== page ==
This is a tough one to write and report on. That is, a mere few days after celebrating his 62nd birthday, legendary Sault Ste. Marie and world class boxer Steve Nolan passed away suddenly from an abdominal aortic aneurysm.
Nolan was living in Windsor with his second wife, Stephanie Allinotte-Nolan, at the time of his recent, untimely passing.
Known for loving all members of his family, Nolan had three children with his first wife, Dory Lacasse, and two more with Stephanie. He also had 12 grand children.
Nolan rose to fame as a member of the Sault Boxing Club. He and other family members were coached by Steve’s father, Frank Nolan Sr. The late Frank Nolan Sr. was also an accomplished amateur boxer.
As for Steve, he won a silver medal at the Canadian Junior Olympics in 1973 at the age of 13. A year later, in 1974, Steve bettered his 1973 showing in Edmonton, where he won the gold medal in the 100 pound class at the Canadian Junior Olympics.
In 1976, at age 16, Steve won the gold medal at the Ontario Winter Games boxing competition in the 119 pound category in an event that was held down Highway 17 in Sudbury.
Nolan would continue his glittering win streak in 1976 with a gold medal match victory over Saskatoon’s Randy Smith in the Canadian Amateur Boxing Association Intermediate Championship. Smith was the defending champion and two years older than Nolan.
Nolan would then travel to Bermuda to participate in a special invitational tournament involving members of the 1974 Junior Olympic team. In June of 1976, he won a unanimous three round decision over Steve Hilliard in Montreal to claim the North American bantamweight boxing championship.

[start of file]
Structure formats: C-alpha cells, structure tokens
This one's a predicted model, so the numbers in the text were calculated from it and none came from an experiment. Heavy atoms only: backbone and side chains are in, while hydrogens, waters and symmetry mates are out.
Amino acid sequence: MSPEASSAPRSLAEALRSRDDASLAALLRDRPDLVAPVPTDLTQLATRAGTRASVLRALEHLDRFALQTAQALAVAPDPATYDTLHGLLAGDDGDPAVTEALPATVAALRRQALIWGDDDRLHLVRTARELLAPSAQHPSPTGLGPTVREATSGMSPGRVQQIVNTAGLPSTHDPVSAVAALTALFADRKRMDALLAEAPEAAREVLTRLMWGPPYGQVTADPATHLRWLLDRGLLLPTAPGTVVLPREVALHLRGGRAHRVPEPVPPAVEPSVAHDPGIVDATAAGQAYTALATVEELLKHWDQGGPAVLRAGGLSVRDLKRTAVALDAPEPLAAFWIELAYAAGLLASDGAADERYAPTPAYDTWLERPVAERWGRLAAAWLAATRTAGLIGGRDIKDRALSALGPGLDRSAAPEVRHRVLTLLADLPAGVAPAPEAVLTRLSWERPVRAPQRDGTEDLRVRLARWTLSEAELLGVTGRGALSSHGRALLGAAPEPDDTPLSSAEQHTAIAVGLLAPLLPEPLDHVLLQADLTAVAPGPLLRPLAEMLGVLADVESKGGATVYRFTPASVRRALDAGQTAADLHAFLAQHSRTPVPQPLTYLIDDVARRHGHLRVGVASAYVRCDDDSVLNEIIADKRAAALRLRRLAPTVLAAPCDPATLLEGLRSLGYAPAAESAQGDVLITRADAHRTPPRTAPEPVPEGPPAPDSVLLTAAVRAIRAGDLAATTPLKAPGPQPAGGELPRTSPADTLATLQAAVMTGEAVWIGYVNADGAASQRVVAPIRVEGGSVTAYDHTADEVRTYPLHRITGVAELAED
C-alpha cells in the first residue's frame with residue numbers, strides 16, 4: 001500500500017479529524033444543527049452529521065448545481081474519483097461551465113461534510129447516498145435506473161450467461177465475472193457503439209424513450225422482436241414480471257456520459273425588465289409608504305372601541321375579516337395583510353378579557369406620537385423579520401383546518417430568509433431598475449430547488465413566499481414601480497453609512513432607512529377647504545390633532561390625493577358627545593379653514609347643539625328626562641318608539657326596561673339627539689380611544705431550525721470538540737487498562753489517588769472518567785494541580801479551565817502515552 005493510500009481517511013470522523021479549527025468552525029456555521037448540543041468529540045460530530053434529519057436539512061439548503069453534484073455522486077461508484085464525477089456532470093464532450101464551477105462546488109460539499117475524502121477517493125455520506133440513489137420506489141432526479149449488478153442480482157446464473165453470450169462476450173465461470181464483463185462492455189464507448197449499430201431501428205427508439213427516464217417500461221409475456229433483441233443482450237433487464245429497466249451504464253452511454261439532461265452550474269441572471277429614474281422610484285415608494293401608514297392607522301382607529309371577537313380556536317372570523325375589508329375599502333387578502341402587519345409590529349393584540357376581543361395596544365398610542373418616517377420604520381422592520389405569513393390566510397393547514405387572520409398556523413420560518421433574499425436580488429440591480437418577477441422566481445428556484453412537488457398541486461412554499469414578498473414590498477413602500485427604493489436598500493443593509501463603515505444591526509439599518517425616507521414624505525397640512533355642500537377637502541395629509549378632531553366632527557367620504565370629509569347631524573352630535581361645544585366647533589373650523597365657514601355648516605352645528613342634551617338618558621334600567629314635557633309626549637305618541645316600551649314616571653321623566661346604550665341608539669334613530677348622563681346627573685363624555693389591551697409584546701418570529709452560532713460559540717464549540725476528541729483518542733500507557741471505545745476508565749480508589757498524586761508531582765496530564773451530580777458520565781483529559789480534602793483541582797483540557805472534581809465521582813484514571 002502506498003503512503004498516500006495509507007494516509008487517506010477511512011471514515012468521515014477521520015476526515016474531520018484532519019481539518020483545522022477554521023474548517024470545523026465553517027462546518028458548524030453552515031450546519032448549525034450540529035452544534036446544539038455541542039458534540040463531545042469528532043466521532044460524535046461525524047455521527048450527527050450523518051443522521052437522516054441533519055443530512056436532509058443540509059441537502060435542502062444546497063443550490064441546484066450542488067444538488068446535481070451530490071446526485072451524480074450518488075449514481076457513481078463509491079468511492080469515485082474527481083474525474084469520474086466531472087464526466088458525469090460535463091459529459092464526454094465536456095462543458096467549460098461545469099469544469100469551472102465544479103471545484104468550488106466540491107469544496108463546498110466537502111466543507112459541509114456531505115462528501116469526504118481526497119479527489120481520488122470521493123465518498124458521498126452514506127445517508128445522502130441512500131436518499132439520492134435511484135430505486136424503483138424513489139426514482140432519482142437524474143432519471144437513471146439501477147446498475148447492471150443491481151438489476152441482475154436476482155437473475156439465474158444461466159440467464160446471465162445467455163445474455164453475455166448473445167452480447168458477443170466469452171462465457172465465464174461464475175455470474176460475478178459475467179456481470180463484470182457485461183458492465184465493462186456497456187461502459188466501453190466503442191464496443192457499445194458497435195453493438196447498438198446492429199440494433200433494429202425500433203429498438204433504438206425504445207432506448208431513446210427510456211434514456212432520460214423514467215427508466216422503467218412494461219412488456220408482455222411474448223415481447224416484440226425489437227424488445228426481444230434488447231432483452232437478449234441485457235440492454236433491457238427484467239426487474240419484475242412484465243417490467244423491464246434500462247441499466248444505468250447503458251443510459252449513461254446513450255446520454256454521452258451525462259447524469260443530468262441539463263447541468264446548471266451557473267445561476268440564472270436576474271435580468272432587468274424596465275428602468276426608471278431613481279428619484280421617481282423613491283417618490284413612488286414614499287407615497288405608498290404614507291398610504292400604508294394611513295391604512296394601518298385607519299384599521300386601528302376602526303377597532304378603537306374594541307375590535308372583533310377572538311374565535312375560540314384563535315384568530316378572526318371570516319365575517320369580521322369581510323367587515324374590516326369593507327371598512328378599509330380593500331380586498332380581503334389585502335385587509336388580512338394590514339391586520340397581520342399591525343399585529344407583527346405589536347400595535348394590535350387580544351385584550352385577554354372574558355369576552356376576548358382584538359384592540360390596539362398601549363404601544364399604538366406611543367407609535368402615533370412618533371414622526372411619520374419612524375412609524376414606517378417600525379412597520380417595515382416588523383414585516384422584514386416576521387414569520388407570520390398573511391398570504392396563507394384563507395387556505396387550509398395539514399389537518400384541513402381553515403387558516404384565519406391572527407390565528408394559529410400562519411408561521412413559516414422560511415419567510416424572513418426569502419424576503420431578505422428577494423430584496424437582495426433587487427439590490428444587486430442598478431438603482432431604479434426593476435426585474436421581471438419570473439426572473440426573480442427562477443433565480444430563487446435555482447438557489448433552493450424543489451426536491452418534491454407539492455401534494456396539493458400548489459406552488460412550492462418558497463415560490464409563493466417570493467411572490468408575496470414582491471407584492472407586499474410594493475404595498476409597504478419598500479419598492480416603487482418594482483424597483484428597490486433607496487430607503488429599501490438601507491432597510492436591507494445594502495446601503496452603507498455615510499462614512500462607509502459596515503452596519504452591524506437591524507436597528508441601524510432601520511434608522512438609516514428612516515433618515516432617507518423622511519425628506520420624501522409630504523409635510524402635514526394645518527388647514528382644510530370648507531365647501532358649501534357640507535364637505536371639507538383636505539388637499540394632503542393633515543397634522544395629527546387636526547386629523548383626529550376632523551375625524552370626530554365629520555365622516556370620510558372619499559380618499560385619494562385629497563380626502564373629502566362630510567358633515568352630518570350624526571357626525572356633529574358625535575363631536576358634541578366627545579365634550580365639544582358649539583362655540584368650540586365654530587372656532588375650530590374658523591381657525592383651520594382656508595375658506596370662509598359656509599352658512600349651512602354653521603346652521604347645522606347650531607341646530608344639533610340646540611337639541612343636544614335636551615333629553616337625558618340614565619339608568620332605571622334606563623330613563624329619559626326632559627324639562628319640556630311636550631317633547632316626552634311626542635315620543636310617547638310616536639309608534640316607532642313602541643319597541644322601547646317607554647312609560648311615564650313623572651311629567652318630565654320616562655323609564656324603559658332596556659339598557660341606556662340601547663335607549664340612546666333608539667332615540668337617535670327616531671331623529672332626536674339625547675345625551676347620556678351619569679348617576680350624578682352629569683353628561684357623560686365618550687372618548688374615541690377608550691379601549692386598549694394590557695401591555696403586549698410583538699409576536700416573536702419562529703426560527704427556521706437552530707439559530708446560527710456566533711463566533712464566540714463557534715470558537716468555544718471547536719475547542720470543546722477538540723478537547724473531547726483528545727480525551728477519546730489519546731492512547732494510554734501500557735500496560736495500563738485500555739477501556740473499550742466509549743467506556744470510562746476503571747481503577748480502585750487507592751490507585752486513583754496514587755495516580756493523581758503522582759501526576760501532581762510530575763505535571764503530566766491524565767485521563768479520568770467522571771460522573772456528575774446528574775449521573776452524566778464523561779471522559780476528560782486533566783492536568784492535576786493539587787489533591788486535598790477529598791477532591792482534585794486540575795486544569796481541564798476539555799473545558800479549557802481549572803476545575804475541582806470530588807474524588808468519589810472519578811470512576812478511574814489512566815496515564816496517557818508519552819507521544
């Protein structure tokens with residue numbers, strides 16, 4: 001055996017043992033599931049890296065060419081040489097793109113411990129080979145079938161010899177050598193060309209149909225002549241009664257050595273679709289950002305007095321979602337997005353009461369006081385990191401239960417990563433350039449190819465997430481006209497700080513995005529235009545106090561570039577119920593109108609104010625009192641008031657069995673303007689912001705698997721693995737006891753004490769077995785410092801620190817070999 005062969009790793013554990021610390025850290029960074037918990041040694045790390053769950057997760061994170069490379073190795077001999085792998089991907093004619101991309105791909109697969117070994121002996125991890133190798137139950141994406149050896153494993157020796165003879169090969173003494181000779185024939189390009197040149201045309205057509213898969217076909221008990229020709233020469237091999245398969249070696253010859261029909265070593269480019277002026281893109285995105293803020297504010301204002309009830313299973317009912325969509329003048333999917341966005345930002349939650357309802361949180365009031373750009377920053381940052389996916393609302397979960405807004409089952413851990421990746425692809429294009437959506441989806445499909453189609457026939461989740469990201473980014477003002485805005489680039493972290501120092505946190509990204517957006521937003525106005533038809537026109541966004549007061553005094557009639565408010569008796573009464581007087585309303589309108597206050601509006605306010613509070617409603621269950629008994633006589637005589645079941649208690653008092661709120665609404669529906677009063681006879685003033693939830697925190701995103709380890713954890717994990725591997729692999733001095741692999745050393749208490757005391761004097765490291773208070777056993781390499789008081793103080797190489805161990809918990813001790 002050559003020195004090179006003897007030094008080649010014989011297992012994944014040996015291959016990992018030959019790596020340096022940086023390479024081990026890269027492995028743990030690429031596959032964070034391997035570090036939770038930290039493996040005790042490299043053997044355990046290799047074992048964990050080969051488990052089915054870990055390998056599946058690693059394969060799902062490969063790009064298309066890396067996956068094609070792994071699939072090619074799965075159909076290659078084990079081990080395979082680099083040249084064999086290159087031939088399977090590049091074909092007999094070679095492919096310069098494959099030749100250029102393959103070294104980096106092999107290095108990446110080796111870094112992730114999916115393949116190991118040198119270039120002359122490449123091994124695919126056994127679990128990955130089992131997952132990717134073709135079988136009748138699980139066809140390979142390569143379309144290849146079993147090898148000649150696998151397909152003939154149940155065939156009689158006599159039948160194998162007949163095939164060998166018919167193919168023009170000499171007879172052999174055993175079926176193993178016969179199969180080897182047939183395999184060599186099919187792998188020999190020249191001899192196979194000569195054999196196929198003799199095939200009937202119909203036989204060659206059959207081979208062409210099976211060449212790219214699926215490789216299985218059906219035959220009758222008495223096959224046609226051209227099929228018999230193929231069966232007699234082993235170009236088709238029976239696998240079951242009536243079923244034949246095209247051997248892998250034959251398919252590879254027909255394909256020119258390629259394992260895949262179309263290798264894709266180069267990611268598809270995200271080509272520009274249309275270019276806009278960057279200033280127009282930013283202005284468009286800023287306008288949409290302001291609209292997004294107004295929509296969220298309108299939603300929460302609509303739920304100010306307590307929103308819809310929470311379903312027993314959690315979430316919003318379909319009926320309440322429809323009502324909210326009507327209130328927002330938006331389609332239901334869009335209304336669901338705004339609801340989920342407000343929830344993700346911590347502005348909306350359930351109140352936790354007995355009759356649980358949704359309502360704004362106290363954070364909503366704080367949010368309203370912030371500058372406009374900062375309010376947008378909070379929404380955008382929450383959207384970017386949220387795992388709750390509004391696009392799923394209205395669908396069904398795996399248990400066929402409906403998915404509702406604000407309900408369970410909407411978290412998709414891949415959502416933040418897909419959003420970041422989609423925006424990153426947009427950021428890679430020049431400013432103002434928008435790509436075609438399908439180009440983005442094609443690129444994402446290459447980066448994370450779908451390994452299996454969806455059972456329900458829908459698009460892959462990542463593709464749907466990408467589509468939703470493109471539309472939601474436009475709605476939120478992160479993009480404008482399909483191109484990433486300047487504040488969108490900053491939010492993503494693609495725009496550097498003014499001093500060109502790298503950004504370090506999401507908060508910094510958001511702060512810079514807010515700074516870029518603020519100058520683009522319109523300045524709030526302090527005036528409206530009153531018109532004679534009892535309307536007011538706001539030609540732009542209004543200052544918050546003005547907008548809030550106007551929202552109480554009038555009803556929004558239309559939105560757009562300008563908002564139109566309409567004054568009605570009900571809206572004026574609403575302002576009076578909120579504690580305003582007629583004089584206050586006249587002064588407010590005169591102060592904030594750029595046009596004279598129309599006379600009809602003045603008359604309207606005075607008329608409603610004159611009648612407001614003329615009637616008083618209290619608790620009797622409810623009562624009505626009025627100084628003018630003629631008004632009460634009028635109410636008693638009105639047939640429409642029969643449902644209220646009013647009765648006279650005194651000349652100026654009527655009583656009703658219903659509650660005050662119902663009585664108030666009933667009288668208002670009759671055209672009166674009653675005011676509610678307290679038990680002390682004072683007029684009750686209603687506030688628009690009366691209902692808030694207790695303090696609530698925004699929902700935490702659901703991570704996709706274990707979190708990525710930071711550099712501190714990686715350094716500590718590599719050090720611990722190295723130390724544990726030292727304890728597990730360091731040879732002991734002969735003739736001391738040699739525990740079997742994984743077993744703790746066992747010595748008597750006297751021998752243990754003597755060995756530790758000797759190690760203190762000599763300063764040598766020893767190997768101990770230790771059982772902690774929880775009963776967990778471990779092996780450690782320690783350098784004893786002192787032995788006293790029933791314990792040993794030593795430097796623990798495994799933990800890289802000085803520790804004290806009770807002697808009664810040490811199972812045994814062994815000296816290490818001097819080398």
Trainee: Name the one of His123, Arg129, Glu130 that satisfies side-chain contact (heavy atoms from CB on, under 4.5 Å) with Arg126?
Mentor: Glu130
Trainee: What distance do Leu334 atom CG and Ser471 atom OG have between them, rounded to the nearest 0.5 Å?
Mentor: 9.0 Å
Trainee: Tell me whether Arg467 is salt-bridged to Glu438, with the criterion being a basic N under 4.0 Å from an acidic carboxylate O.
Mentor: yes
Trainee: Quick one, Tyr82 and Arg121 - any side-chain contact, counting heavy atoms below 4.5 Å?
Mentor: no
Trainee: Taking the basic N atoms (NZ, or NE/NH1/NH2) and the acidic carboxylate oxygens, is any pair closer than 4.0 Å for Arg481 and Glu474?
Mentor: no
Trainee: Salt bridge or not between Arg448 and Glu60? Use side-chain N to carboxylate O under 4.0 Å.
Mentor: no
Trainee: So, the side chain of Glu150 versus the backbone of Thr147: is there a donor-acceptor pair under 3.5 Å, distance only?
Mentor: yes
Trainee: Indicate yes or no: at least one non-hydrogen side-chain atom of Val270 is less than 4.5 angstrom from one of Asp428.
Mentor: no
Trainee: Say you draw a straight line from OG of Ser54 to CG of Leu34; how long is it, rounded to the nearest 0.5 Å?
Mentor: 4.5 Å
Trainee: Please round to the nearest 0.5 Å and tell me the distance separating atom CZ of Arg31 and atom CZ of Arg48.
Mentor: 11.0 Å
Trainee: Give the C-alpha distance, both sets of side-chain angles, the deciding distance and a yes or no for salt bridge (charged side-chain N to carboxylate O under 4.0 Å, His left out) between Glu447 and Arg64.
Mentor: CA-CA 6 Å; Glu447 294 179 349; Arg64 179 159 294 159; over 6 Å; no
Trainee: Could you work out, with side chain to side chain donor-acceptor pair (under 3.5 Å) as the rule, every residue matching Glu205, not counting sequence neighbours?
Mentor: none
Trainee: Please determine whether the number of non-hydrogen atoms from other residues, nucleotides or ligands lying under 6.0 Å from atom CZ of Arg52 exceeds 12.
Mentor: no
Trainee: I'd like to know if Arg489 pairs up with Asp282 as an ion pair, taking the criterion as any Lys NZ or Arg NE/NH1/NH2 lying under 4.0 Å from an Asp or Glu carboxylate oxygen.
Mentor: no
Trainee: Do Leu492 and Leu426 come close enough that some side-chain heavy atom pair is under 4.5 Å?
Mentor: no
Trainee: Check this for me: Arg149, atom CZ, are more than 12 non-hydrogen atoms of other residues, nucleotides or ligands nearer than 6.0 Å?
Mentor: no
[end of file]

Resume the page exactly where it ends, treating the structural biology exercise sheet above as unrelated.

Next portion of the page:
Fittingly, that same year, Nolan was awarded the H.P. Broughton Trophy, which recognizes the Sports Person of the Year in Sault Ste. Marie.
Steve would continue his remarkable success by winning gold medals at the Canadian Senior Championships successively from 1977 to 1983. And his dream of representing Canada at the 1980 Olympics in Moscow was finally realized when he was selected for the team.
However, Nolan’s dreams would be dashed when Canada chose to boycott the Moscow Olympics.
Nolan kept on fighting, though.
He went on to take part in the Commonwealth Games in Brisbane, Australia in 1982. A year later, in 1983, Nolan participated in the Pan Am Games, which were held in Caracas, Venezuela. In 1984 and 1985, Nolan placed second at the Canadian Senior Championships.
From a large and loving family, Nolan was all about respect and pride for his relatives, his first cousin Carol Hermiston told Sault Business Matters.
“Steve was a loyal son, brother, friend and father. He was always there for family and he respected his mom and dad with a powerful vengeance. He was supported by his parents and family during his career in boxing. He adored his children and his grandchildren. His life was about loyalty to his friends and other team members on the boxing team,” Hermiston relayed.
He was also friendly and fun loving, said his cousin.
“Steve was a man who had an infectious laugh that could bring the house down … and did so many times,” Hermiston fondly recalled. “Steve was my cousin, his father and my mother were brother and sister. We grew up together and we were taught the same values by our grandmother Fanny Nolan.”
With Batchewana First Nation roots, Nolan was fiercely proud of his ancestry, said Hermiston.
“He was extremely proud of his Native heritage and he always said that he wanted to be a mentor to other young people. His relationship with all of his children was very, very strong and he also remained in touch with his family here in the Sault. The last time we spoke, we spoke about his love for his family,” Hermiston said.
“Steve was a man who walked his walk and in fact was talking about moving back to this area when he retired so that he could be close to his family here and to the place that he loved so much, Batchewana. He will definitely be missed by all that had the pleasure of knowing him,” summed up Hermiston.